Have you ever hesitated to book an airline reservation and, within moments, the price changed? Or, could you have known that delaying your purchase of a ticket to God of Carnage in LA last summer would have saved you almost $70?
The reason is “dynamic pricing.” Airlines do it, hotels also, and now theater owners.
According to the NY Times, Broadway theater owners are using dynamic pricing to cater to the “haves” and “have-lesses.” For airlines, that has meant vacationers paying much less than business travelers. Even for certain restaurants, you could pay more for Saturday evening at 8:00 than Tuesday at 9:30. With the LA example, early ticket purchasers spent $120 but when demand plunged, the price did also.
With dynamic pricing a seat is not just a seat. It becomes a commodity that has to be used when available because you cannot store it. Its customers have different needs, its future demand is uncertain, and its providers have pricing power. Implemented appropriately, dynamic pricing maximizes revenue.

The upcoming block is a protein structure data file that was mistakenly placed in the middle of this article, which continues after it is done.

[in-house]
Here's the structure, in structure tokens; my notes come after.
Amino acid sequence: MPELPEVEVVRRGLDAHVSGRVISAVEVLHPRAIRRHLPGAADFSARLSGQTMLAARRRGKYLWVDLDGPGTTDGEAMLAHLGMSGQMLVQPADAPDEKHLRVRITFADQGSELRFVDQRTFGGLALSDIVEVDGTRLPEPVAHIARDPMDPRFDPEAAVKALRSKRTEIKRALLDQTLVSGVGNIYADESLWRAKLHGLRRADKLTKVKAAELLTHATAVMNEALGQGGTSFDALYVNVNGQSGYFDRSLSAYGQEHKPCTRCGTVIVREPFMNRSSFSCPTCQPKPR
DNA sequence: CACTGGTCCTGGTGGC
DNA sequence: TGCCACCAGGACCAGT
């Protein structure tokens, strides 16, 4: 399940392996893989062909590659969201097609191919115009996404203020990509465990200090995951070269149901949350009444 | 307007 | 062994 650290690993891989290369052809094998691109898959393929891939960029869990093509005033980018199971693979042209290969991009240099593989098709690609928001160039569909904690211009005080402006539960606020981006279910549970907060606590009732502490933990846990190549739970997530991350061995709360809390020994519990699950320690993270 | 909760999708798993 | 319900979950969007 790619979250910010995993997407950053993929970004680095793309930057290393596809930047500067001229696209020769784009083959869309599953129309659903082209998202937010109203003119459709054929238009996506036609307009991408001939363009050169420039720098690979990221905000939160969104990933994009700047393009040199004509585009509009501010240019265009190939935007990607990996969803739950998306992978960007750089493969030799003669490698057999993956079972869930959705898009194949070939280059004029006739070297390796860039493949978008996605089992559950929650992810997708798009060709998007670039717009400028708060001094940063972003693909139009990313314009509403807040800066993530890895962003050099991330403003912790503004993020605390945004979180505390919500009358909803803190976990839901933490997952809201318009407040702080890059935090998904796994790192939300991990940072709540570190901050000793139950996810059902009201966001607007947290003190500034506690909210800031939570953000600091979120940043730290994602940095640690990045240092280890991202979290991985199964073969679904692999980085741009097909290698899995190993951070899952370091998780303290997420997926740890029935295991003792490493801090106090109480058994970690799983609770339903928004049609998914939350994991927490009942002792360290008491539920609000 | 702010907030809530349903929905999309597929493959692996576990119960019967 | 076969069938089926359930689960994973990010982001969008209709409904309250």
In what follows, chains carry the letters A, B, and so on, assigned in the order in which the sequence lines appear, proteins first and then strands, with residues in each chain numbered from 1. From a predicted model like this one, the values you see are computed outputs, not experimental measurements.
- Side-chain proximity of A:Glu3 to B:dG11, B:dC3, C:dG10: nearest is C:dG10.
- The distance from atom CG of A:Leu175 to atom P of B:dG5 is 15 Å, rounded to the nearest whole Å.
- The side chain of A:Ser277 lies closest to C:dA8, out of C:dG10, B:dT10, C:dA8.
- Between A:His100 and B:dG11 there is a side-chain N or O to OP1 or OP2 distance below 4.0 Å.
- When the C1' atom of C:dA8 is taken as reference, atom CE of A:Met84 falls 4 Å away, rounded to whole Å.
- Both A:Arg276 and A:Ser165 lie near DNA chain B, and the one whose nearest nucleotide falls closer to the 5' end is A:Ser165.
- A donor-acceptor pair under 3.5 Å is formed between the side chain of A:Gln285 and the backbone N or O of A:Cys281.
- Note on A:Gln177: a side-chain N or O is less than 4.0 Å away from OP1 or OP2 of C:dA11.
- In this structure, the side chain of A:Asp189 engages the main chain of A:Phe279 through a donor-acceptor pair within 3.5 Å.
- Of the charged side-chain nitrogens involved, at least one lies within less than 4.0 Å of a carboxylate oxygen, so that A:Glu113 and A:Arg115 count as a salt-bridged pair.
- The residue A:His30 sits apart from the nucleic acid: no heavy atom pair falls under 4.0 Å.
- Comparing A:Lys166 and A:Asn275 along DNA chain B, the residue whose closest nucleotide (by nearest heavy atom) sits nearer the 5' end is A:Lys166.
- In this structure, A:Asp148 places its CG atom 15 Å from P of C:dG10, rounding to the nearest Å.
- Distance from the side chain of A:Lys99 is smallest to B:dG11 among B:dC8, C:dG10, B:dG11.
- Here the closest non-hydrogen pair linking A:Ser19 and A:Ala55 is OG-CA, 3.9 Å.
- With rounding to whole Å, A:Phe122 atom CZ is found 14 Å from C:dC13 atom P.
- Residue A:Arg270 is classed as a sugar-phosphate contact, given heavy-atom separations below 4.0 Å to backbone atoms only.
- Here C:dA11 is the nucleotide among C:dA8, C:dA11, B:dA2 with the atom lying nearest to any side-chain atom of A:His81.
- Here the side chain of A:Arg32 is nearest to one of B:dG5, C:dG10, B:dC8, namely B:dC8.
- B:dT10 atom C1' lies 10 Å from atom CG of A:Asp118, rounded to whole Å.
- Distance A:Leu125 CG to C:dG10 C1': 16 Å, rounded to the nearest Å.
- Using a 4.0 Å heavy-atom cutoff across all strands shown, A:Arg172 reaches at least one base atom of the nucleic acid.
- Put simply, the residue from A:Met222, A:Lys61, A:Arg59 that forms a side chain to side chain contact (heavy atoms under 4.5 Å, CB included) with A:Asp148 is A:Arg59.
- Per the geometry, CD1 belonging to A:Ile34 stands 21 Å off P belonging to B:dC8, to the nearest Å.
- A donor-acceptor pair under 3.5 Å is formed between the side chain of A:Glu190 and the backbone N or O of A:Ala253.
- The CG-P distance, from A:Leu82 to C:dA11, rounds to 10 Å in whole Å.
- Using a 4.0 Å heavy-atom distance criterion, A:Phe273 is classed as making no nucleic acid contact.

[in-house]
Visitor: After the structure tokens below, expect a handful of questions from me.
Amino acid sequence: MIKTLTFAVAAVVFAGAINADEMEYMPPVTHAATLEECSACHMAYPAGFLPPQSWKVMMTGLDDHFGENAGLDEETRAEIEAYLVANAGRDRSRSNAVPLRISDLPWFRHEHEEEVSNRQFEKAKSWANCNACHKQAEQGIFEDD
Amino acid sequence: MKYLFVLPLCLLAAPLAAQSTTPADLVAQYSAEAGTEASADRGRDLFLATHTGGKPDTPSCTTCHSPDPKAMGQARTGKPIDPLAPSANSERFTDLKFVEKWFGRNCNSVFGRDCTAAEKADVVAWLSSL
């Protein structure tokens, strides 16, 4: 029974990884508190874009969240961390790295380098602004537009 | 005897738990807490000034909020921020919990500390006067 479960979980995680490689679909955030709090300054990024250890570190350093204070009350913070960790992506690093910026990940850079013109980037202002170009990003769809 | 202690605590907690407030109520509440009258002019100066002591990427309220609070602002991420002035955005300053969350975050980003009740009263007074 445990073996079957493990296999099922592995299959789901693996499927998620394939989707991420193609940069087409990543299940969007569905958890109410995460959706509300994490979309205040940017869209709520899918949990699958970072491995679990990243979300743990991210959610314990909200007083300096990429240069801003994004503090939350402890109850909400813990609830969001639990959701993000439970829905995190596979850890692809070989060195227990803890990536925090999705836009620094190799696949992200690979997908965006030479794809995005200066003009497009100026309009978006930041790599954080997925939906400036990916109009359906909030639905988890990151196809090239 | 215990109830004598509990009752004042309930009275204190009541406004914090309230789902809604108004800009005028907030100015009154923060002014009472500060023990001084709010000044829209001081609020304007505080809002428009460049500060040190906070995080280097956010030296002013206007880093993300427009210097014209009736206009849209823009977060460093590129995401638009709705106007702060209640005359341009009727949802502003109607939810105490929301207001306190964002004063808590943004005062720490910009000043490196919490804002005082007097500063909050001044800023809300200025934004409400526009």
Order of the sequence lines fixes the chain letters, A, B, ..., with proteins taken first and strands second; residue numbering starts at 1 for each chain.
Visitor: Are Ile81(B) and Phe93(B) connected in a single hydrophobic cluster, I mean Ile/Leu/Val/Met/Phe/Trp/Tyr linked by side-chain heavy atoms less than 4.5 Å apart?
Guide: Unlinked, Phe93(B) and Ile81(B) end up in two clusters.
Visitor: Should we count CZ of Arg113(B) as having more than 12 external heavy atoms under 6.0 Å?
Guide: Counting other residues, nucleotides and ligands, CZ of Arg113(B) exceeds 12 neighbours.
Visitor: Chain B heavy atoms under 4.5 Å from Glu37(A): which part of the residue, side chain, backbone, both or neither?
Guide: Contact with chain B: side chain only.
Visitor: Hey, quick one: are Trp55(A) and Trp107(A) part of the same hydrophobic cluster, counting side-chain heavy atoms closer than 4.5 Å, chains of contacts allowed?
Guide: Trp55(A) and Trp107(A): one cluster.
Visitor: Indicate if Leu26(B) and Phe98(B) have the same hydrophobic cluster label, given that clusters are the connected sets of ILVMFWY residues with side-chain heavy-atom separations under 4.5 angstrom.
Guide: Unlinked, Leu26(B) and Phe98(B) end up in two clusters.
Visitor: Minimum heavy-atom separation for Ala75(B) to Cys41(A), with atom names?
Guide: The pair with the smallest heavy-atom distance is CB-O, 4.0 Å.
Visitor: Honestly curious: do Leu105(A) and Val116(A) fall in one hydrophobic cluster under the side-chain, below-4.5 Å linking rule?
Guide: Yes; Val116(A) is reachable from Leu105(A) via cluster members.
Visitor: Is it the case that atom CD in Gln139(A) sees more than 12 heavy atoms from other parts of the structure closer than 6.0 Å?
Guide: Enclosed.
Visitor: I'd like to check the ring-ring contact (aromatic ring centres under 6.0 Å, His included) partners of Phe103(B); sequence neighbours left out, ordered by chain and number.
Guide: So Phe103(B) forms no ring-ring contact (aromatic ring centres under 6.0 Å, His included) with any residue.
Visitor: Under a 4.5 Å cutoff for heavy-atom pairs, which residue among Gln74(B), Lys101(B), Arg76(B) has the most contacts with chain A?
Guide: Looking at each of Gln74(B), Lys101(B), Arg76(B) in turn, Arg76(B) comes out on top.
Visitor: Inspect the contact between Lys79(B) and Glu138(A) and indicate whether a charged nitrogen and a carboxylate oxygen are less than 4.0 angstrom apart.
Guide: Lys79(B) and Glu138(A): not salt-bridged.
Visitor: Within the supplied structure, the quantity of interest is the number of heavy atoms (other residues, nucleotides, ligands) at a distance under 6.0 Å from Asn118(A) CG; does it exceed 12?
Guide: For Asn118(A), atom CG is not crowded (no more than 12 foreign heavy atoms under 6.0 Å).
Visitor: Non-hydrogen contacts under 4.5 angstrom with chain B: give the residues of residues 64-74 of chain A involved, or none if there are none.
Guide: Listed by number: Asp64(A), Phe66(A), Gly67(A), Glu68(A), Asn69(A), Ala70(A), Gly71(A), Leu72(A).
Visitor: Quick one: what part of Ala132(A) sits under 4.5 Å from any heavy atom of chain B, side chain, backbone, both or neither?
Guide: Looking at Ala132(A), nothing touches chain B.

The Economic Lesson
Dynamic pricing is all about price elasticity of demand. If price changes a lot and the quantity we buy remains almost the same, as with medication, then our demand is inelastic. By contrast, if price swings have a big impact on buying, then our response is elastic. With Broadway shows and airline seats, certain consumers have an elastic response to higher prices; when price ascends they say, “No.” Others, the inelastic group, will buy no matter what.
An Economic Question: Thinking of “dynamic pricing,” we could say that we have 2 demand curves among Broadway theater ticket buyers. Explain and draw.